This won't be a long recap, as I have to wake up at an ungodly hour tomorrow morning. But let's talk about a few things, shall we?
This was a gut-check game for San Antonio against an angry Chicago team, and things seemed to get chippy along the way at the AT&T Center because of it. The Bulls hit the Spurs in the mouth with their best first-half punch, but the silver and black put on a clinic on both sides of the ball in the second. Most teams that lose their leading scorer fall flat on their face, offensively. This group just seems to create even more confusion for the opposition.
When Tony Parker is on the floor, you know where the head of the snake is at all times. But when he's not, the serpent is coiled without much of a clue as to the whereabouts of either end. You can guess the point of attack, but chances are you'll end up being bitten.
The Spurs (48-14) overcame a five-point halftime deficit to roll the Bulls 101-83, allowing just 31 second-half points while scoring 54 of their own after the break. And speaking of the Spurs' point guard position, Parker's replacements, especially Patty Mills, were pretty good. Mills scored 13 points on 5-for-6 shooting, including 3-for-3 from the arc, in only 22 minutes while Cory Joseph was solid defensively and on the glass in his second consecutive start. But many of the good looks Spurs players got throughout the game were the result of Manu Ginobili's brilliance.
Once again, Numero Veinte stole the show.
His 18 points and nine assists in just 26 minutes were the difference in the game, and as the Spurs pulled away from the Bulls in the second half it felt like Ginobili was involved in every play. Six of Manu's nine assists came in the second half, and while most of his scoring came before the intermission (11 of his 18 points) he was able to get anywhere he wanted within the depths of the vaunted Bulls defense. And perhaps the most telling observation of Manu's physical state, he found his way to the rim with relative ease against a team not known for giving up a whole lot of penetration.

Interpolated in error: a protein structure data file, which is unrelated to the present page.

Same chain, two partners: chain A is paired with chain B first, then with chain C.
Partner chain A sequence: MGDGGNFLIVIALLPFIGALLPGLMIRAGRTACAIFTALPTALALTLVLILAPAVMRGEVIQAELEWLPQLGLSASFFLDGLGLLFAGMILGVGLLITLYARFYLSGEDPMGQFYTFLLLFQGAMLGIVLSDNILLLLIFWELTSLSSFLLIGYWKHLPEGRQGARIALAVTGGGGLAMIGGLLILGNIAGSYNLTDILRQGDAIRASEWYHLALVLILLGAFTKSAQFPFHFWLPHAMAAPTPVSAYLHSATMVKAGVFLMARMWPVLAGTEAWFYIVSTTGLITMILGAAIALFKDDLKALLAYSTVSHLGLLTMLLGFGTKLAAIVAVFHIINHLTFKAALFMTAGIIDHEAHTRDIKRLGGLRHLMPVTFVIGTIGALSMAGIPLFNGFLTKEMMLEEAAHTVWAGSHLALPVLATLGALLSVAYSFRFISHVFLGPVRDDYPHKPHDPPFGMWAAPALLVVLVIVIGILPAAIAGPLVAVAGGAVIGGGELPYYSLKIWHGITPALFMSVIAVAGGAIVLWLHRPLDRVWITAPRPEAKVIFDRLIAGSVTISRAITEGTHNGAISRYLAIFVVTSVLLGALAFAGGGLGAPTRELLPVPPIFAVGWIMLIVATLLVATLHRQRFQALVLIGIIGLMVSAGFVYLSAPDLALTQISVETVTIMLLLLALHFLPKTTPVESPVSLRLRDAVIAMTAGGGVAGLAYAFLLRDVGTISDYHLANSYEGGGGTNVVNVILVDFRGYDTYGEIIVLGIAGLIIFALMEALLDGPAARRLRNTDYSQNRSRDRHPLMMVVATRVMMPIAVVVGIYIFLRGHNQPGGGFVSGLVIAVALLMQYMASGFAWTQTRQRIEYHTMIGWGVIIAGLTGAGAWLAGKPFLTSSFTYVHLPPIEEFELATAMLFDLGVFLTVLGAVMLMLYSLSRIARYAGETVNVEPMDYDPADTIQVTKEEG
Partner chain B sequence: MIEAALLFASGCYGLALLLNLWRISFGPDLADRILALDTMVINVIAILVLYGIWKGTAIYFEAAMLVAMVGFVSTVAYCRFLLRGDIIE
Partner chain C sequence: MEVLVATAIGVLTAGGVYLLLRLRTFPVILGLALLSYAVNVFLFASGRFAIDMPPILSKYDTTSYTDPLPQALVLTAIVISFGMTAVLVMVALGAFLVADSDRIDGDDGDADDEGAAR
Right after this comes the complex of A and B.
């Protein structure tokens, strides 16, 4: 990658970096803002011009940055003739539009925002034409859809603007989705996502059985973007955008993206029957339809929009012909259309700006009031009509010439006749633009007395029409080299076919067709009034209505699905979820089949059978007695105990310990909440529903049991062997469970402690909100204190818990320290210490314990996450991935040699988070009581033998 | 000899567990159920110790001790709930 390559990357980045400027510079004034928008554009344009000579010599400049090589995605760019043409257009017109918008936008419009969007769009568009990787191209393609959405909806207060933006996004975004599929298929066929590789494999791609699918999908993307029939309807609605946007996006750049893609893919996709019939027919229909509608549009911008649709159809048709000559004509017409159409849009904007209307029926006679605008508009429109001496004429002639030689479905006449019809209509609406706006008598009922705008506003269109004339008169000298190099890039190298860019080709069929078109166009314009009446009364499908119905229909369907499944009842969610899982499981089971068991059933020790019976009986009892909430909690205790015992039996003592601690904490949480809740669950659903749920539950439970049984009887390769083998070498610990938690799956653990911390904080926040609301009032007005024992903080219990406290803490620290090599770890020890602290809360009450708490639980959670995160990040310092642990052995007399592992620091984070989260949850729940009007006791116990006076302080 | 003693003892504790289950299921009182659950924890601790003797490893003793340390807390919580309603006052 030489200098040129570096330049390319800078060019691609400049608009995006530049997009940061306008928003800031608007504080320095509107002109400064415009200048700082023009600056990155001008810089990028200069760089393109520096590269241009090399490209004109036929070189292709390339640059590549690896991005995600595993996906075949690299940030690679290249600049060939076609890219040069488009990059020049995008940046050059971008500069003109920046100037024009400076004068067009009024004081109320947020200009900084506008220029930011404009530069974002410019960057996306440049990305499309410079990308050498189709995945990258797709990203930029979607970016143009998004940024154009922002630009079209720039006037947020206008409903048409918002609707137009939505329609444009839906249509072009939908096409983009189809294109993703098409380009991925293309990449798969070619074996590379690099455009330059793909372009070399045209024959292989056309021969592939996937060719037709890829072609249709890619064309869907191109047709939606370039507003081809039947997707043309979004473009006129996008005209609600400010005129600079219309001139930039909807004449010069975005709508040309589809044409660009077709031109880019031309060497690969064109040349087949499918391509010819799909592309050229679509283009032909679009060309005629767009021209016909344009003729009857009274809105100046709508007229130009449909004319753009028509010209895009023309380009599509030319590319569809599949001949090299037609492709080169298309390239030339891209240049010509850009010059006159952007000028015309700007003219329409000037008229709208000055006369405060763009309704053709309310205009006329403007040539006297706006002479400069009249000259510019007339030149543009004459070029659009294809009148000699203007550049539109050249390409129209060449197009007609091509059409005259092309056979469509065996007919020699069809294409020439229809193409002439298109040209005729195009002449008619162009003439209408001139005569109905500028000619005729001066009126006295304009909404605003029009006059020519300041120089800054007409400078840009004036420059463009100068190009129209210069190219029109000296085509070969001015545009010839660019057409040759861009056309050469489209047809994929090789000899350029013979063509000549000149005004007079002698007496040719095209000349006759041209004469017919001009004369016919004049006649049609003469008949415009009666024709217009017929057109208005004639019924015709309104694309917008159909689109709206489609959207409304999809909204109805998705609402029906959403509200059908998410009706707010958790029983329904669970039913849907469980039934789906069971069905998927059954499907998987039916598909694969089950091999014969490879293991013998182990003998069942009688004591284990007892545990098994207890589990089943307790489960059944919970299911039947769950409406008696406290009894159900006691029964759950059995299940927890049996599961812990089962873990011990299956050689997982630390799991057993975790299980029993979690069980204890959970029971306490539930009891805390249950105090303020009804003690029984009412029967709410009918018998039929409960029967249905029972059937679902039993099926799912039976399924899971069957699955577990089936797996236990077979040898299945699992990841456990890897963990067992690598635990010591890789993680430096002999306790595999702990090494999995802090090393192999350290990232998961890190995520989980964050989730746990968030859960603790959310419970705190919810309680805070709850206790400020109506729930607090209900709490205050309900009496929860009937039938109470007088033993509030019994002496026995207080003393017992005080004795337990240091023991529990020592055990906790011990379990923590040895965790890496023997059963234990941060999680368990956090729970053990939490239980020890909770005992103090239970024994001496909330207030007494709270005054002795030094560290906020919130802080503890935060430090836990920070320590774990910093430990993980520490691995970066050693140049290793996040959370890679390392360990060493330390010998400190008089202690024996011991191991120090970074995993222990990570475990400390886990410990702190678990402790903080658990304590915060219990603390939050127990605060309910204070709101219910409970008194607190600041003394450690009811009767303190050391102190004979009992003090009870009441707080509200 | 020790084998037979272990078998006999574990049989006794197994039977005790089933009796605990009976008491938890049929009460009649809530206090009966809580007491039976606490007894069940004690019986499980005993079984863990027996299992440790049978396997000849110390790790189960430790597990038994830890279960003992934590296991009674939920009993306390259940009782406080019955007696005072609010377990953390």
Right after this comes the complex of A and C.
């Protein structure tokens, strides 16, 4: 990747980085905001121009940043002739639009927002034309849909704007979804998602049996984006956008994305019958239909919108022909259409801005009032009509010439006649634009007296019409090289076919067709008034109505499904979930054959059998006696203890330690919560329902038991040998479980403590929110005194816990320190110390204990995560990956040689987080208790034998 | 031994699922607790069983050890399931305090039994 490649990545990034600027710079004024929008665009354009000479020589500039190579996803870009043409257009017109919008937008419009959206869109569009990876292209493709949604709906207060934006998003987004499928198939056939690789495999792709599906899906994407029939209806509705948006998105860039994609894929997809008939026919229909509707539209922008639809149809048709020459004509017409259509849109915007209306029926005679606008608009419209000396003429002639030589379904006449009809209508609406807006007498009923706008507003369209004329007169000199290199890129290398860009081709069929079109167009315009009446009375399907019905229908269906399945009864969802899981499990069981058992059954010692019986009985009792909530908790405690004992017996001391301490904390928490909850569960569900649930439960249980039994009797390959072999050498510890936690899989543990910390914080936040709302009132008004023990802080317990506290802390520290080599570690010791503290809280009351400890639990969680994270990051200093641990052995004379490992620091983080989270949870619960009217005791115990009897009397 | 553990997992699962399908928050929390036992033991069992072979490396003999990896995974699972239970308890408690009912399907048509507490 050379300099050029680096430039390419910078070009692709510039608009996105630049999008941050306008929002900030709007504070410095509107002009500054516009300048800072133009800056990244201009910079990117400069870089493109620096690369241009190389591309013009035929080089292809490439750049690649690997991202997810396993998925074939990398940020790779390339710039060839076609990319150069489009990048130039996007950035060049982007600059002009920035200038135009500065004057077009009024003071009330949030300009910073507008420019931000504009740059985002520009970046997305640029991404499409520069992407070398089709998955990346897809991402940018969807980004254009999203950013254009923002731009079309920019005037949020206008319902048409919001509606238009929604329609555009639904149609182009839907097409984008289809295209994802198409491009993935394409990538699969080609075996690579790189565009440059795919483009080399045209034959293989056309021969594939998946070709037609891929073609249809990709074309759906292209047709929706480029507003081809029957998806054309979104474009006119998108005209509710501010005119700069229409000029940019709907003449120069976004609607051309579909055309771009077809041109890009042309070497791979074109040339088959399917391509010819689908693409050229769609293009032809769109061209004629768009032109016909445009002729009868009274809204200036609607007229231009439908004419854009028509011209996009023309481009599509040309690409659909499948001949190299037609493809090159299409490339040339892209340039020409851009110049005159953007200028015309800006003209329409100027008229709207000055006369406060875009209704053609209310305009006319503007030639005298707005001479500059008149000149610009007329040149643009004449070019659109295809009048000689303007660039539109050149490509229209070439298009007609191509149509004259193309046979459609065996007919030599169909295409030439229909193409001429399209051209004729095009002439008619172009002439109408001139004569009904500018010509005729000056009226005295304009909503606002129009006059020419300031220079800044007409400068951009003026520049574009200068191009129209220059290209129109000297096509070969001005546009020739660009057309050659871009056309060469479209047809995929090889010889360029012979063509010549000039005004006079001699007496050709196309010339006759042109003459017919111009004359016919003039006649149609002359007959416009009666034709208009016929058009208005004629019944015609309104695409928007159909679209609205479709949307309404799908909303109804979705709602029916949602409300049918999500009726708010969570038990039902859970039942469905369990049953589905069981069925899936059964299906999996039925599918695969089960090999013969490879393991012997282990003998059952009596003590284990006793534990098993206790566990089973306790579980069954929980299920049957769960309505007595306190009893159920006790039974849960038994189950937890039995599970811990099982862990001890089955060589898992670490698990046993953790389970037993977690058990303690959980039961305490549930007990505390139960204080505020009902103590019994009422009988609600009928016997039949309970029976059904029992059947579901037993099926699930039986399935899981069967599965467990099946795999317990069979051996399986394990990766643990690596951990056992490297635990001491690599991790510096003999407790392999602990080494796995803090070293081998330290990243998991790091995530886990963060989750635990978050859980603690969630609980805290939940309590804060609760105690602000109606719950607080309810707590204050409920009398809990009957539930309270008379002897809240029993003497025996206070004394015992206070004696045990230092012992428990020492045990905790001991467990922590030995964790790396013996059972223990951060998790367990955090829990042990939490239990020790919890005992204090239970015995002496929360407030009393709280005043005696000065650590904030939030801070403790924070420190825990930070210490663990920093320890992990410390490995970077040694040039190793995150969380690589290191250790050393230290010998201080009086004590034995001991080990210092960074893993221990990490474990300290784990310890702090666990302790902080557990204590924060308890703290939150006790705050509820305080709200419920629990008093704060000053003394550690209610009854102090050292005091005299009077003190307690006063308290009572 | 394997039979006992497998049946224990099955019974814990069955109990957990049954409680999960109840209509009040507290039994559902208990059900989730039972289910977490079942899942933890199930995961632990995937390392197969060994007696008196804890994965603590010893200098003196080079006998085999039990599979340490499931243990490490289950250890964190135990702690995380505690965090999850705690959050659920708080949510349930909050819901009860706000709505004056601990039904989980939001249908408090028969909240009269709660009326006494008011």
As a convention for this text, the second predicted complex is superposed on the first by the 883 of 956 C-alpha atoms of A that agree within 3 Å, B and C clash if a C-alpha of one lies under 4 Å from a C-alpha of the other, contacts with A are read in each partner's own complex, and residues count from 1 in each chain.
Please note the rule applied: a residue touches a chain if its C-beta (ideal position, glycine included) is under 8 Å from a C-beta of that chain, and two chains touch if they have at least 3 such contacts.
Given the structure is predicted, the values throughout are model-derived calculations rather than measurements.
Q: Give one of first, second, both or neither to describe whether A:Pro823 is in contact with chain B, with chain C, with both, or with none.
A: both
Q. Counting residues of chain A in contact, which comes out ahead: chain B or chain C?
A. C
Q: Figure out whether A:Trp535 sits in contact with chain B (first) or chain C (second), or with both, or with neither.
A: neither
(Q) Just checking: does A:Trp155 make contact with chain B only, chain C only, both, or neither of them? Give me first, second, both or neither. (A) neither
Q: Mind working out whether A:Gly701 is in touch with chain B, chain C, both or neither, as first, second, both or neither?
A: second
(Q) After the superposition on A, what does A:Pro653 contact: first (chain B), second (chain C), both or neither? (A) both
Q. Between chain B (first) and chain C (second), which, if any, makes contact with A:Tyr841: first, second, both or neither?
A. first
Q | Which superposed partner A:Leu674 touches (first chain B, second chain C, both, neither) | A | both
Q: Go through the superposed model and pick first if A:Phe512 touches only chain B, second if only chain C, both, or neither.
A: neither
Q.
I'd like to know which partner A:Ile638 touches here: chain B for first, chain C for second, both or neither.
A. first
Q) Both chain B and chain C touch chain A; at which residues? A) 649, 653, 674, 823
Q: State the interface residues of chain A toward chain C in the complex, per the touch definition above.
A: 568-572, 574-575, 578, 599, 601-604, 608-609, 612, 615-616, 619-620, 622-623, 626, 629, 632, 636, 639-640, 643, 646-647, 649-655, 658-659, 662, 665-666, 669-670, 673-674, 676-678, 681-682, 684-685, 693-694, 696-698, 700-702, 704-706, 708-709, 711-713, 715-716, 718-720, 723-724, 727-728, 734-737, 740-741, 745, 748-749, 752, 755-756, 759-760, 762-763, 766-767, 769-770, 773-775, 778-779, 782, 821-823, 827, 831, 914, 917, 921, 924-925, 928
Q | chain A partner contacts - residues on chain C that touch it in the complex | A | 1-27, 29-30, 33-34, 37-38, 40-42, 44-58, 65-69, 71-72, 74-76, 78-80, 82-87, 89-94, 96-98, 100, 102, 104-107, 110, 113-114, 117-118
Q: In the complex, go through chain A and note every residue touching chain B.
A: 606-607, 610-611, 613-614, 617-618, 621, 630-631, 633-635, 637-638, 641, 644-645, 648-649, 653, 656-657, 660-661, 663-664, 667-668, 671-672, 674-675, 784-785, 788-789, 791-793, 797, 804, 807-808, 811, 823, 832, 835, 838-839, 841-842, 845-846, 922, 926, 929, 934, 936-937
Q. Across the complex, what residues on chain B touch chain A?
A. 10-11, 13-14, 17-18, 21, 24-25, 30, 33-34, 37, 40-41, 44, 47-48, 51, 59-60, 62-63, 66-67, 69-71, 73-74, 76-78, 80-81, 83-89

With Ginobili's recent admission of the effects age is having on the future Hall-of-Famer, watching him play effectively aggressive is as welcoming a development as the Spurs could ask for sans Parker.
And on the other side of the court, the Spurs second-half defense was nearly impenetrable. Nobody's confusing the Derrick Rose-less Bulls with the Showtime Lakers, but holding an NBA team to just 31 points in a half after giving up 52 in the previous two quarters is a crucial adjustment for a team without its best offensive player. If there's one thing the Spurs must do during Parker's stead, it's play defense. You never know when the offensive lulls might come and go, but if the defense stay consistent San Antonio will have a chance every night.
Chicago shot 30 percent (13-for-43) in the second half, and the Spurs outscored the Bulls 46-22 in the paint — 22-4 in the second half alone. And if San Antonio can shoot 54 percent from the floor against one of the league's top defenses, the offensive outlook going forward is pretty bright. But the narrative will continue as the Spurs go on without Parker — can Ginobili stay healthy?
If he can, the Spurs could find themselves sitting pretty come April, because it's looking like the guy can still play.
Then again, that should surprise no one.
— Kawhi Leonard had another good game against the Bulls with 14 points and seven boards. He put up a career high of 26 points in the teams' previous matchup.
— Tim Duncan and Tiago Splitter each put up a double-double and combined to score 33 points. Duncan had five freaking blocks as he continues some of the most dominant individual defensive play of his career.
— Spurs remain 2.5 games up on the Thunder for the top spot in the West.